Restorative Medicine Digest

Spring Issue 2017

Is Bioavailable Curcumin A Myth?

The problem of curcumin’s low bioavailability has driven extensive research into new technologies which can potentially be applied to the manufacture of high-absorption curcumin supplements. read more »

Iodine or Iodide: What’s Really in Our Supplements?

Two forms of iodine are offered in iodine products, however, questions remain about label claims stating the presence of iodine (I2), which may not be present or available after digestion. It is the purpose of this article to review a recent lab test on a product claiming to contain both iodine and iodide in its formula, and to determine the actual amounts of each ingredient. read more »

Fall Issue 2016

Vitamin K2 for Preventing Atherosclerosis and Building Bone

K1 is best known for facilitating clotting. But K2 (menaquinone) has been found to be far more important for its role in preventing osteoporosis and atherosclerosis. Based on the results of a comprehensive review and analysis of both observational studies and randomized, double-blind clinical trials, he further makes the case for Vitamin K2 supplementation, particularly MK-7. read more »

In Excess? The Role of Iodine in Hashimoto’s Disease and Thyroid Cancer

Following widespread efforts to eradicate iodine deficiency disorders (IDD) worldwide — first launched in the 1990s and continuing today — epidemiologists noted an unexpected phenomenon: a significant uptick in the rates of both autoimmune thyroiditis (Hashimoto’s disease) and thyroid cancer. Initial wisdom suggested that because eradication efforts favored universal salt iodization (USI) programs, excess iodine was likely to blame. read more »

Interview with Thyroid Expert and Speaker David Brownstein, MD

Michael Friëdman, ND

I recently had the pleasure of having a conversation with David Brownstein, MD, who is a board certified family physician, integrative practitioner and an expert in thyroid disease, hormones and iodine. He is also the author of fourteen books and is a popular keynote speaker at Restorative Medicine conferences. In our conversation, he graciously shared details about his typical method for evaluating patients and specifics on his treatment plans using nutrients, herbs, hormones and occasionally pharmaceuticals as needed. I think you’ll find the information he shared to be noteworthy and relevant to your own practice. read more »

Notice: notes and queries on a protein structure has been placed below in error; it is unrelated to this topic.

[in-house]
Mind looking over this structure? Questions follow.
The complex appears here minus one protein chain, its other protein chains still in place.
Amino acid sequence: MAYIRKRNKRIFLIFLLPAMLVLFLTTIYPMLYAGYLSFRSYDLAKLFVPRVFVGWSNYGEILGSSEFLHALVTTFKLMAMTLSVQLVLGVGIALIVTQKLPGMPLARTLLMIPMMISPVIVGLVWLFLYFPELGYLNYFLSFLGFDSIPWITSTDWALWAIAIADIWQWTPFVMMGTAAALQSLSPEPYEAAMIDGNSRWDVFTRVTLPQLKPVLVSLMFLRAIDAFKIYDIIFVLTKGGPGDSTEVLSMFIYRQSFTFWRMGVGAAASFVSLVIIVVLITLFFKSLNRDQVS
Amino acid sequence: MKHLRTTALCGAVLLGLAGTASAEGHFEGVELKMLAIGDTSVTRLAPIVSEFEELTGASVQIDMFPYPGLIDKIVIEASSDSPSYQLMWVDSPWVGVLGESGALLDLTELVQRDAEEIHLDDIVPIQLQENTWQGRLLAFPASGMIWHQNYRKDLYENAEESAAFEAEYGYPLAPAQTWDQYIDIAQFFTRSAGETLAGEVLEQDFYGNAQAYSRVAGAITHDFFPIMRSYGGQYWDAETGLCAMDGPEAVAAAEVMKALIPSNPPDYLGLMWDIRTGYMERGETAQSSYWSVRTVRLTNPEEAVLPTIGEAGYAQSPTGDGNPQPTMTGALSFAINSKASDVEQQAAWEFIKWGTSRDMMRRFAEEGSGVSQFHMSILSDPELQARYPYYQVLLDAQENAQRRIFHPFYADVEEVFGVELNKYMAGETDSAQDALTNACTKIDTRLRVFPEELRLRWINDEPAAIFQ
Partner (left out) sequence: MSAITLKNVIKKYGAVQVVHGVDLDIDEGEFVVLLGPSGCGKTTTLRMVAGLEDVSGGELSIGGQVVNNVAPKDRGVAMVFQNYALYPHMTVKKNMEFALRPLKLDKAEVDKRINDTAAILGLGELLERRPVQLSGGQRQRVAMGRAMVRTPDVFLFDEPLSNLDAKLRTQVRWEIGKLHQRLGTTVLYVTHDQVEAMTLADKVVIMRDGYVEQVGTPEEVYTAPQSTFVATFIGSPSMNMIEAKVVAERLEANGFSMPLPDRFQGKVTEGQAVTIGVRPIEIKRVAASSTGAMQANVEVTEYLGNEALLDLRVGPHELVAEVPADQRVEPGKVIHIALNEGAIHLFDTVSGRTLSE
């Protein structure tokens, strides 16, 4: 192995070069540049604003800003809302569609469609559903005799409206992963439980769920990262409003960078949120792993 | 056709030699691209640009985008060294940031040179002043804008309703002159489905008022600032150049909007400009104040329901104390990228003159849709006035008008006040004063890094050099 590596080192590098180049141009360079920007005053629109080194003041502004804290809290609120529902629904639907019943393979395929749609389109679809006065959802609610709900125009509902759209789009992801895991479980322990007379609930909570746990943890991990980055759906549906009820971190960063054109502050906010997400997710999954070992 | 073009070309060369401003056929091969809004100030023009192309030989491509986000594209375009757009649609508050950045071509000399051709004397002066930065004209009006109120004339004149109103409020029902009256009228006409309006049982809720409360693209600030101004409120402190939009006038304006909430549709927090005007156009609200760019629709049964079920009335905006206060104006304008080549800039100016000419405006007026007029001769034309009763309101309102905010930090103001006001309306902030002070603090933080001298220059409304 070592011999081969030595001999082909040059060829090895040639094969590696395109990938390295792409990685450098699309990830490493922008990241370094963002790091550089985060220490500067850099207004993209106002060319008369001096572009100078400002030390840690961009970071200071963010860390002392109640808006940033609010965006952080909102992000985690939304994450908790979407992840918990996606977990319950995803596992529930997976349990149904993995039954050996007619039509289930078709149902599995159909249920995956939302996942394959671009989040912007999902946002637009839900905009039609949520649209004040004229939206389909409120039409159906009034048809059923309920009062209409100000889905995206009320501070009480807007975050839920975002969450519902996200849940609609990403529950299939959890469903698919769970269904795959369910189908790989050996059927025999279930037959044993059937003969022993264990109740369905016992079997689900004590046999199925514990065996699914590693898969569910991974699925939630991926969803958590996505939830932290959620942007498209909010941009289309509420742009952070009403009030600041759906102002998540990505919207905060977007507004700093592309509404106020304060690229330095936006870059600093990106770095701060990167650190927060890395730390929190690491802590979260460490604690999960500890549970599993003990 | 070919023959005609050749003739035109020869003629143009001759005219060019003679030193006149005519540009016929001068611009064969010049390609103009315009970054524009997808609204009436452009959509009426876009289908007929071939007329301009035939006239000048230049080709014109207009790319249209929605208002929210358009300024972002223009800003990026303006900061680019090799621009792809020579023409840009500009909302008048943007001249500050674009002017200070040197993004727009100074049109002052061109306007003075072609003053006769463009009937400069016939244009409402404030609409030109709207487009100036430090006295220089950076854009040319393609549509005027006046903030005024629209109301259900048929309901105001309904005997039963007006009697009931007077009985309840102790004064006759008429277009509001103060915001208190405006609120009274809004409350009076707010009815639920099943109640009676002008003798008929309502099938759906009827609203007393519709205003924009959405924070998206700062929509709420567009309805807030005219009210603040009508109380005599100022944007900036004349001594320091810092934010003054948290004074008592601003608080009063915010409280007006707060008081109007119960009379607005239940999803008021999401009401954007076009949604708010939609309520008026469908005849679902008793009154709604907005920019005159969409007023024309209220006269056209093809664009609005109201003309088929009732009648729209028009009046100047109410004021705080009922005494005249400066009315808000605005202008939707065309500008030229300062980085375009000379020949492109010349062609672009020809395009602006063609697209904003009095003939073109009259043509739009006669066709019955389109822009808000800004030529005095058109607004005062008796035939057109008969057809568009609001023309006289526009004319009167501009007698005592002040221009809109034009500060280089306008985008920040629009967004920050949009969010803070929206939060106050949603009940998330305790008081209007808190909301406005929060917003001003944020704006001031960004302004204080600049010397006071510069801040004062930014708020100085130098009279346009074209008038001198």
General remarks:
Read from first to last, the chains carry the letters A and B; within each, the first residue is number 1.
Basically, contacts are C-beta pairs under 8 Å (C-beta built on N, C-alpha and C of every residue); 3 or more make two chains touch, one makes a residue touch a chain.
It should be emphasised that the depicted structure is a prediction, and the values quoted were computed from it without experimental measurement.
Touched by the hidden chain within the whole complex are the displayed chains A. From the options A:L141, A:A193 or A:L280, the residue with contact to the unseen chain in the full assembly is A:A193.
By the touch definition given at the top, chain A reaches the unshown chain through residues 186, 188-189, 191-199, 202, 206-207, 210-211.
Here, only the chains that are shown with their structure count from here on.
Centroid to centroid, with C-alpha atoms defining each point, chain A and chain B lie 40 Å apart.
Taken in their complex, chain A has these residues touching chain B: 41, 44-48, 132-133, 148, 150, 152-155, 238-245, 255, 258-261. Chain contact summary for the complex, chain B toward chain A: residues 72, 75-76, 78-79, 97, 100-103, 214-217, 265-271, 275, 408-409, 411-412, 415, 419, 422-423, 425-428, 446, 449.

The Challenges for US Supplement Companies in Canada

Jen Palmer, ND

If you’re an integrative physician practicing in Canada, you may have noticed that not all professional brands of supplements from the US are available for you to sell in your dispensary. You may also have noticed that the formulas for the Canadian versions of products are different, and may offer lower doses of certain ingredients. read more »

Diet Induced Acidosis: Is It Real and Clinically Relevant?

Jen Palmer, ND

The topic of acidosis has long been controversial, and has not yet gained acceptance by mainstream medicine. Some of the reasons for this may be because of the challenges in thoroughly understanding the complexity of the topic, the obstacles in testing serum acidity accurately, and then the challenges of proving it in research. Nonetheless, acidosis has been shown clinically to have a significant effect on health. read more »

Summer Issue 2016

Welcome to the Inaugural Issue of the Restorative Medicine Digest!

AARM designed the Restorative Medicine Digest to complement the education offered in the Journal of Restorative Medicine (JRM) and to highlight topics in the Restorative Medicine Conferences. read more »

Cardiovascular Disease and the Gender Gap How Metabolic Syndrome Might be to Blame, and What to do About It

Regina Druz, MD, FACC, FASNC

Dr. Druz is keenly interested in personalized prevention strategies that combine traditional medicine with functional and integrative therapies. She is a nationally recognized cardiac imaging expert with board certifications in cardiovascular disease and internal medicine. In this interview, she discusses the unique obstacles in diagnosing cardiovascular disease in women and steps that should be taken to increase physicians awareness on this critical topic. read more »

Exceptions to the “TSH Rule:” How Certain Physiologic and Emotional Conditions Thwart the Ability to Detect Cellular Hypothyroidism

Kent Holtorf, MD

Is serum TSH the best indicator of thyroid function? Kent Holtorf, MD, asserts that TSH, produced by the pituitary, doesn’t necessarily reflect thyroid status in peripheral tissues — especially in patients suffering from a range of specific conditions. This article reviews basic thyroid physiology which demonstrates scenarios when thyroid activity cannot be measured by standard lab tests. read more »

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